…I might actually understand what happened in 2008, when the world’s financial system seemed on the brink of collapse and the Fed stepped into the breach, lending what is now understood to be $1.2 trillion to the world’s major financial institutions:
Citigroup Inc. (C) and Bank of America Corp. (BAC) were the reigning champions of finance in 2006 as home prices peaked, leading the 10 biggest U.S. banks and brokerage firms to their best year ever with $104 billion of profits.
By 2008, the housing market’s collapse forced those companies to take more than six times as much, $669 billion, in emergency loans from the U.S. Federal Reserve. The loans dwarfed the $160 billion in public bailouts the top 10 got from the U.S. Treasury, yet until now the full amounts have remained secret. …
“These are all whopping numbers,” said Robert Litan, a former Justice Department official who in the 1990s served on a commission probing the causes of the savings and loan crisis. “You’re talking about the aristocracy of American finance going down the tubes without the federal money.”
It wasn’t just American finance. Almost half of the Fed’s top 30 borrowers, measured by peak balances, were European firms. They included Edinburgh-based Royal Bank of Scotland Plc, which took $84.5 billion, the most of any non-U.S. lender, and Zurich-based UBS AG (UBSN), which got $77.2 billion. Germany’s Hypo Real Estate Holding AG borrowed $28.7 billion, an average of $21 million for each of its 1,366 employees.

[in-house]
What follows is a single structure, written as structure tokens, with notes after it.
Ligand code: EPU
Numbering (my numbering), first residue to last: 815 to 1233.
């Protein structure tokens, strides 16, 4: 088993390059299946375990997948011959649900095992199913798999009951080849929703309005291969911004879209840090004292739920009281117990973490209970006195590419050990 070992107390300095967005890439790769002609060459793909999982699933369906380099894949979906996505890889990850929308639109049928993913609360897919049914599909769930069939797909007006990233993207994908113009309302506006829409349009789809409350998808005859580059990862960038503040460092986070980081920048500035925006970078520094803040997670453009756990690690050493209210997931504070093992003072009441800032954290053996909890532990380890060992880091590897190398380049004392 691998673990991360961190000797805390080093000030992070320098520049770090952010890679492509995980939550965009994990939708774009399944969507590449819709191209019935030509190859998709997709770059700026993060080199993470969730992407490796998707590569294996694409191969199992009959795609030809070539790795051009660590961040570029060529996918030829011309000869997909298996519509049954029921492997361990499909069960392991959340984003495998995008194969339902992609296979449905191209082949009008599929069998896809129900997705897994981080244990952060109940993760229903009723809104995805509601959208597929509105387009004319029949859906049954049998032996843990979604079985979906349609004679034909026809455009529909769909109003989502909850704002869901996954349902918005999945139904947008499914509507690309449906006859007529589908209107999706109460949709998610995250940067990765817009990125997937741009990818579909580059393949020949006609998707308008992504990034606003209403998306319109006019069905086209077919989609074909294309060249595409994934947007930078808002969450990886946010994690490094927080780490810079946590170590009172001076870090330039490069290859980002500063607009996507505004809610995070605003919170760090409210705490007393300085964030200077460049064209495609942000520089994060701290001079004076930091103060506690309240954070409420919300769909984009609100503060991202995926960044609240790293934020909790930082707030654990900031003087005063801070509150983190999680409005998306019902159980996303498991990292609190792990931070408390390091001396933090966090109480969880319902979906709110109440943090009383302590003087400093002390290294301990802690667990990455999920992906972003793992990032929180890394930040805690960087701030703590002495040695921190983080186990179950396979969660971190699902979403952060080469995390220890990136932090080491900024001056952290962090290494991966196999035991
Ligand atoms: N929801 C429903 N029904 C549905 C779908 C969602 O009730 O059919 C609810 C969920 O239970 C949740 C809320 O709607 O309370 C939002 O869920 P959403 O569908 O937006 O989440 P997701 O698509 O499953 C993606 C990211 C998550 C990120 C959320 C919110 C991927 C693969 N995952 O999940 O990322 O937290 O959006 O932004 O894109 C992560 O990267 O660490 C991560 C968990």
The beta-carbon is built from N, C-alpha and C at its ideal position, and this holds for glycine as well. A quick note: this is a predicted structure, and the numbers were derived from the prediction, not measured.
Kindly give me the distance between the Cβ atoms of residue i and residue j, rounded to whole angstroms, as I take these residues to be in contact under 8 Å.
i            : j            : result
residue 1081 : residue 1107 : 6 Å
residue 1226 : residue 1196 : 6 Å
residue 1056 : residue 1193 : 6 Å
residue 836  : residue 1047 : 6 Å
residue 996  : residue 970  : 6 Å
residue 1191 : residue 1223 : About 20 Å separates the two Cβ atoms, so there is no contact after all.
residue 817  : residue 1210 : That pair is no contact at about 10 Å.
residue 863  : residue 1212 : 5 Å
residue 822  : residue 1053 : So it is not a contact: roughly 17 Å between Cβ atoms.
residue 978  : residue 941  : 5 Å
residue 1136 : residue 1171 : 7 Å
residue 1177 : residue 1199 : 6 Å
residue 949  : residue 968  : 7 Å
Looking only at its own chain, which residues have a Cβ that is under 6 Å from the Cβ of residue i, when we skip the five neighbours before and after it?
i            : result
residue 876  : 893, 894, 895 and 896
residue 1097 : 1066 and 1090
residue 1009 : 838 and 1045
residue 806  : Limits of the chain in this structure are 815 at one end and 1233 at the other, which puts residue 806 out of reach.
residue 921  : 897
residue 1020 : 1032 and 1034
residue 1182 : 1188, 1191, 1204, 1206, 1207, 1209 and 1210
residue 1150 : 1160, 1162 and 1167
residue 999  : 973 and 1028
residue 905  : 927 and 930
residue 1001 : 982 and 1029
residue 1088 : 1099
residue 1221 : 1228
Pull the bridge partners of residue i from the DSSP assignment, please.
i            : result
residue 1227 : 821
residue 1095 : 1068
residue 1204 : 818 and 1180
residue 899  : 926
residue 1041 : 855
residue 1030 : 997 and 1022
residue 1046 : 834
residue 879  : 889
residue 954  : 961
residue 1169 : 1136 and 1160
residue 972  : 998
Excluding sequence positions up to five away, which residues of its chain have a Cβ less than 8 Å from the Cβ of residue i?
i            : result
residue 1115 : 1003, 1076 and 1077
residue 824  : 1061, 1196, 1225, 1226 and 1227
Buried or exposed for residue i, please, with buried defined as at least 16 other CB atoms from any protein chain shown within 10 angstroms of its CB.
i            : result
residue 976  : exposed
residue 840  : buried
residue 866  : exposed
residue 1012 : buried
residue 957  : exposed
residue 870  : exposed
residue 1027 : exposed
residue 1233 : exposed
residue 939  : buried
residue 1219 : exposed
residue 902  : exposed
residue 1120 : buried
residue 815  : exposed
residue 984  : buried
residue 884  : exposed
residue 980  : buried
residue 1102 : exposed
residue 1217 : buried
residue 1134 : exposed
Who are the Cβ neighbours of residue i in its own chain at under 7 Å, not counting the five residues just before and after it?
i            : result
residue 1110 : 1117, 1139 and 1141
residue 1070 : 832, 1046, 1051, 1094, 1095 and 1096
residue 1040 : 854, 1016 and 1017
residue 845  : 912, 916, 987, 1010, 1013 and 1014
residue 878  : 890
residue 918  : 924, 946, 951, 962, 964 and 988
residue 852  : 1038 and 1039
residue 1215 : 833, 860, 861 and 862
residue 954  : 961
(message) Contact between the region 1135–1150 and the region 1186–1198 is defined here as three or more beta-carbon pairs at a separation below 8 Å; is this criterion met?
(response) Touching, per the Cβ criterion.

The largest borrowers also included Dexia SA (DEXB), Belgium’s biggest bank by assets, and Societe Generale SA, based in Paris, whose bond-insurance prices have surged in the past month as investors speculated that the spreading sovereign debt crisis in Europe might increase their chances of default. …
The balance was more than 25 times the Fed’s pre-crisis lending peak of $46 billion on Sept. 12, 2001, the day after terrorists attacked the World Trade Center in New York and the Pentagon.
So far, the Fed has done fine on these loans. Officials say there have been “no credit losses.” So maybe it all worked out for the best. George Bush, President at the time, has written about the situation he found himself in, with every economic adviser telling him that the world faced another Great Depression if international banks were not supported (or bailed out) by the United States government. But, as I understand it, that was a separate and smaller matter. I believe his administration had to approve only the much smaller loans or guarantees by the Treasury Department, not the trillion dollar-plus loans from the Fed.
I draw no particular conclusion from the facts that are now coming out about the 2008 banking crisis. It is troubling, however, that we live in an era in which even the best-informed voters can hardly be expected to comprehend the financial complexities with which our government grapples, and in which quasi-governmental agencies not under the control of any elected officials dispose of the American taxpayers’ credit to the tune of more than a trillion dollars.